Rob first started playing for Leeds club West Park, but a move to Edinburgh in 1992 saw the centre play for Royal High whist Sir Ian was in New Zealand coaching a World XV side to play the All Blacks for their centenary year.

In 1994 McGeechan senior took up the Director of Rugby Role at Northampton Saints, which saw Rob make the move to Moulton and later Brixworth RUFC.

Players form both Sheffield Oaks RUFC and York RI RUFC played a game of tag rugby after the late postponement of the game between both clubs

Players form both Sheffield Oaks RUFC and York RI RUFC played a game of tag rugby after the late postponement of the game between both clubs

A knee injury effectively then ended his playing career, at just 22 years of age.

After a break from the game the calling from coaching was too strong to ignore and Rob took his first behind-the-scenes role at Sheffield RUFC in 2010, coaching the junior section and the South Yorkshire U13s backs.

Since then Rob has also coached at Birmingham and Solihull, Copsewood RUFC in Coventry before completing his level two coaching badge, which actually makes him more qualified than his father.

He then joined Yorkshire Four side Sheffield Oaks last August.

“It was a bit of a culture shock as I’d coached in higher divisions,” he admitted.

“But I am very excited to be back coaching in the city and I want to bring a brand of exciting, attacking rugby to the club where the play is fluid and consistent. I want to bring a professional feel to what is an amateur club and my Dad is a big influence in that. I want to bring a British Lions feel to the club with real motivation and drive.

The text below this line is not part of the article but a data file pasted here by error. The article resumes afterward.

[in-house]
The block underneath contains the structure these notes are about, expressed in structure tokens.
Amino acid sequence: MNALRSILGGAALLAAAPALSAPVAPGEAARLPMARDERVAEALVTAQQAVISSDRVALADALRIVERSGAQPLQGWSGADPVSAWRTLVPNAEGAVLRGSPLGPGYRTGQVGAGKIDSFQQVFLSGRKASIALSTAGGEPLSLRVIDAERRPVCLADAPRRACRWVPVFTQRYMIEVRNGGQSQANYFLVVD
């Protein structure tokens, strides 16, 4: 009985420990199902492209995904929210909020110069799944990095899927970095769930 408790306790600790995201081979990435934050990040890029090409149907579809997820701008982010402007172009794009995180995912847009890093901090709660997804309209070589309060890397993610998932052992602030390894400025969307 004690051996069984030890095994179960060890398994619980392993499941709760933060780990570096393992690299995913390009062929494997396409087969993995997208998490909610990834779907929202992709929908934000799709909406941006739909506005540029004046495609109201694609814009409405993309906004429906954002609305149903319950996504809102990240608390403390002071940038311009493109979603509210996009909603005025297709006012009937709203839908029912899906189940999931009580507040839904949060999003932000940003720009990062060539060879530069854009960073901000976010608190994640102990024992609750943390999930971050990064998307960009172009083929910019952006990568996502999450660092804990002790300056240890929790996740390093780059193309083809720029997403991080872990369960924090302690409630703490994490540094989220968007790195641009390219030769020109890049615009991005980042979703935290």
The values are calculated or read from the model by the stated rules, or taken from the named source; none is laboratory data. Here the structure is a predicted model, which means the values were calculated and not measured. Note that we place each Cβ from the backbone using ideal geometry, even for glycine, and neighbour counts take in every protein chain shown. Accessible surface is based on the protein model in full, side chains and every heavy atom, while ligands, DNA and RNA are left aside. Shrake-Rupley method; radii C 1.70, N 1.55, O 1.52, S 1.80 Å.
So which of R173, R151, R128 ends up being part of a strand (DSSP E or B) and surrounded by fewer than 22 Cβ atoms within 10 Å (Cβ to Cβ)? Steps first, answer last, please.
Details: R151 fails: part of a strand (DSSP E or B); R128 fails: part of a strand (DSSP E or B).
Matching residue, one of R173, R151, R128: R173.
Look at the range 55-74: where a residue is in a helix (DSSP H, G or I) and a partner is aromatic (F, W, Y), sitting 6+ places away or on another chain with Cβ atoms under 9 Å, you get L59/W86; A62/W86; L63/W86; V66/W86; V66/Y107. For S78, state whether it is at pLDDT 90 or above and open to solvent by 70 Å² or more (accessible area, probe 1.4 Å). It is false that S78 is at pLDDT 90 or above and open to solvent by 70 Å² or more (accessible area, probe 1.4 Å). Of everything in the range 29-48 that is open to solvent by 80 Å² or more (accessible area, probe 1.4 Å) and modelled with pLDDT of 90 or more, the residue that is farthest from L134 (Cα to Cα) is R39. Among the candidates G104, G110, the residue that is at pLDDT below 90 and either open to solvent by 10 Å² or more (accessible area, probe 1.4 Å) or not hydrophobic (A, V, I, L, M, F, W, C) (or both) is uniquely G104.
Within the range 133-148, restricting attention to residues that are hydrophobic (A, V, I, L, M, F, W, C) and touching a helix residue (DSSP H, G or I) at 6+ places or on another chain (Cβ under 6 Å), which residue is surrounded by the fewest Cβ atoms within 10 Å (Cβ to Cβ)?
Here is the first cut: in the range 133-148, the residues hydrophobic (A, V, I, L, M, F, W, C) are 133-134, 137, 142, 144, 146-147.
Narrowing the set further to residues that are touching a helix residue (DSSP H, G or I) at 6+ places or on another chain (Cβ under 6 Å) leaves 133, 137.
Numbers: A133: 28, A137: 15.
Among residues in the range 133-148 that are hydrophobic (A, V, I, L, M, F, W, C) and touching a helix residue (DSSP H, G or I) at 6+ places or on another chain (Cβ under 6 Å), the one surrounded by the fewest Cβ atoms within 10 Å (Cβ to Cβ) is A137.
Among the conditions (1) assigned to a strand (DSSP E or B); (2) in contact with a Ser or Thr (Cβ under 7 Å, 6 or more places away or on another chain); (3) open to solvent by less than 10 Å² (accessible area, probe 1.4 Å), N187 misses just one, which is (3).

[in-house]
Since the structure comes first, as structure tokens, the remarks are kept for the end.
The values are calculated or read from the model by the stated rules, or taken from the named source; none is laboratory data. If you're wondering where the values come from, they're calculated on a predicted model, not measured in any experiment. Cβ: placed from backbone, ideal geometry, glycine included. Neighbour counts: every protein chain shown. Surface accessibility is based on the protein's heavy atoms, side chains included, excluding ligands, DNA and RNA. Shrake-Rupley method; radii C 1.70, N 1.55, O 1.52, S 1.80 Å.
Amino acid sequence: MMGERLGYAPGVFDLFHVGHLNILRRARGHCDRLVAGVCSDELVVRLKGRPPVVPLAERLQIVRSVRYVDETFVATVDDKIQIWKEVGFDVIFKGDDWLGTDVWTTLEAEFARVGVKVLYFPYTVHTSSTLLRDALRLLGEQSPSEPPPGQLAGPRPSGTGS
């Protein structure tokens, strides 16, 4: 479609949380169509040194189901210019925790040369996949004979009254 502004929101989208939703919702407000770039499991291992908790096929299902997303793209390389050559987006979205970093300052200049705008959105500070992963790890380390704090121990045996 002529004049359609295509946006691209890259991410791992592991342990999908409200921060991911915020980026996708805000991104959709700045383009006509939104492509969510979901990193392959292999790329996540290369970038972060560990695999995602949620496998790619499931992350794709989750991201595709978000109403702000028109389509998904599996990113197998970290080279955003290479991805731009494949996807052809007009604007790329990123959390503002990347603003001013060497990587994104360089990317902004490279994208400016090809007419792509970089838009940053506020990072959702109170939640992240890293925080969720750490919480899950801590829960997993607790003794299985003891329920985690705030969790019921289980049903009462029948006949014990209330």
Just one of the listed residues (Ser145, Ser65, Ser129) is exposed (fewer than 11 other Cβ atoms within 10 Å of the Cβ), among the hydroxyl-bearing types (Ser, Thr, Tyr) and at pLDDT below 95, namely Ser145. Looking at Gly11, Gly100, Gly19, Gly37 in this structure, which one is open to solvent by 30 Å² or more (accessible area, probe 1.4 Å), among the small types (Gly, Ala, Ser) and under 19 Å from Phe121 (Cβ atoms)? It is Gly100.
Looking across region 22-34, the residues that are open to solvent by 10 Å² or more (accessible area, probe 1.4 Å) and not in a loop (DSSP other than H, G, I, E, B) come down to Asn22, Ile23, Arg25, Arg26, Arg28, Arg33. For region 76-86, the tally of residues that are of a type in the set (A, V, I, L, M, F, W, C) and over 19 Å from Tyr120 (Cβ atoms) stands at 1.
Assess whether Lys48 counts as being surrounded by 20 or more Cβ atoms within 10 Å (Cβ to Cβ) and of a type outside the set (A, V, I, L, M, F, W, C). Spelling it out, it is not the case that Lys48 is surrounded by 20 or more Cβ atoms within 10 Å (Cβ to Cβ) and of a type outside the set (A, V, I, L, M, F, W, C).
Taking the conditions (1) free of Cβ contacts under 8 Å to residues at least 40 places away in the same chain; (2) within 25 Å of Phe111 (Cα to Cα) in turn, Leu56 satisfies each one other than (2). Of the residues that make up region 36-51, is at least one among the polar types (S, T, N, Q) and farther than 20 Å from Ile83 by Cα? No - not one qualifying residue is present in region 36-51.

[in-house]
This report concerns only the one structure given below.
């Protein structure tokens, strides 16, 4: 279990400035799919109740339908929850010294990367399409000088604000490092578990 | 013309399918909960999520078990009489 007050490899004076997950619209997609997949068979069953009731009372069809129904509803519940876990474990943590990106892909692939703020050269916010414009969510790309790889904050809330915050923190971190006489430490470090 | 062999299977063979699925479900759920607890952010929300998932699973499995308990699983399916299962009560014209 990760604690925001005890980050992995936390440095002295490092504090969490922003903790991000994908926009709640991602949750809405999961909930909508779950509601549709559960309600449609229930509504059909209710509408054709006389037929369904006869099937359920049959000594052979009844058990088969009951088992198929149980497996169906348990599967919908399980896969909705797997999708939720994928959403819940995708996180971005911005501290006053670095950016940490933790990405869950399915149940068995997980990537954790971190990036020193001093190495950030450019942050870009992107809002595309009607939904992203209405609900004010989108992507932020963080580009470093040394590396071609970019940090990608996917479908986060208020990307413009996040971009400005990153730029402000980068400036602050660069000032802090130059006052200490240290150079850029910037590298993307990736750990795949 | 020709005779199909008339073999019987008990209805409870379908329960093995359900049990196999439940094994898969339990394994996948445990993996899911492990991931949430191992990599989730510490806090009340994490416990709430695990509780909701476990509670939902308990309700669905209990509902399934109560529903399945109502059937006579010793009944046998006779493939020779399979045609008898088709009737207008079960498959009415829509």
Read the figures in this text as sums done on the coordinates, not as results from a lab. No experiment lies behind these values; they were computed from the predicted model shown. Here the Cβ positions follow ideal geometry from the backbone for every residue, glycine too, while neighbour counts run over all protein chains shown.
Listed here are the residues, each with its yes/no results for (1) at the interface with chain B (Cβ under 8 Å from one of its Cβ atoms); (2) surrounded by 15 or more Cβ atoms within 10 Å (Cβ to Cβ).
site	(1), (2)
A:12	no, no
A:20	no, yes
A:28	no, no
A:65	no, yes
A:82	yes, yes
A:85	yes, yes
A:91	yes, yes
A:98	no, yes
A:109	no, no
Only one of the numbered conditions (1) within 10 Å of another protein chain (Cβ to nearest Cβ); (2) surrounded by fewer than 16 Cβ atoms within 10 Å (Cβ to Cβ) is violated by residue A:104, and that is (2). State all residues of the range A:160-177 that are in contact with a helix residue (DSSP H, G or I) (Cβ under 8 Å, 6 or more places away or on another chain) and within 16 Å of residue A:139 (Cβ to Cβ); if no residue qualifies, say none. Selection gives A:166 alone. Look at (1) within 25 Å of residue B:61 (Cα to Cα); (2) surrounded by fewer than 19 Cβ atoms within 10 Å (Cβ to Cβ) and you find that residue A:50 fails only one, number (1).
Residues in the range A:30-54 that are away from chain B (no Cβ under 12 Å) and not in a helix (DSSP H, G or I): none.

“It is not just a group of guys coming together on a Saturday afternoon, hungover. I want the guys’ attitudes to be first class and believe that we can move up the leagues.

“We may not be as high up as Sheffield RUFC or Tigers and we don’t have the facilities they have, but I want us to be right up there competing in the future. The players at the moment definitely have the right attitudes and ambition to achieve that.”

This season, though, Rob has not had an easy ride. Oaks are currently second from bottom, having won just one of their league fixtures whilst losing nine, including a 136-0 drubbing away to Wetherby in October.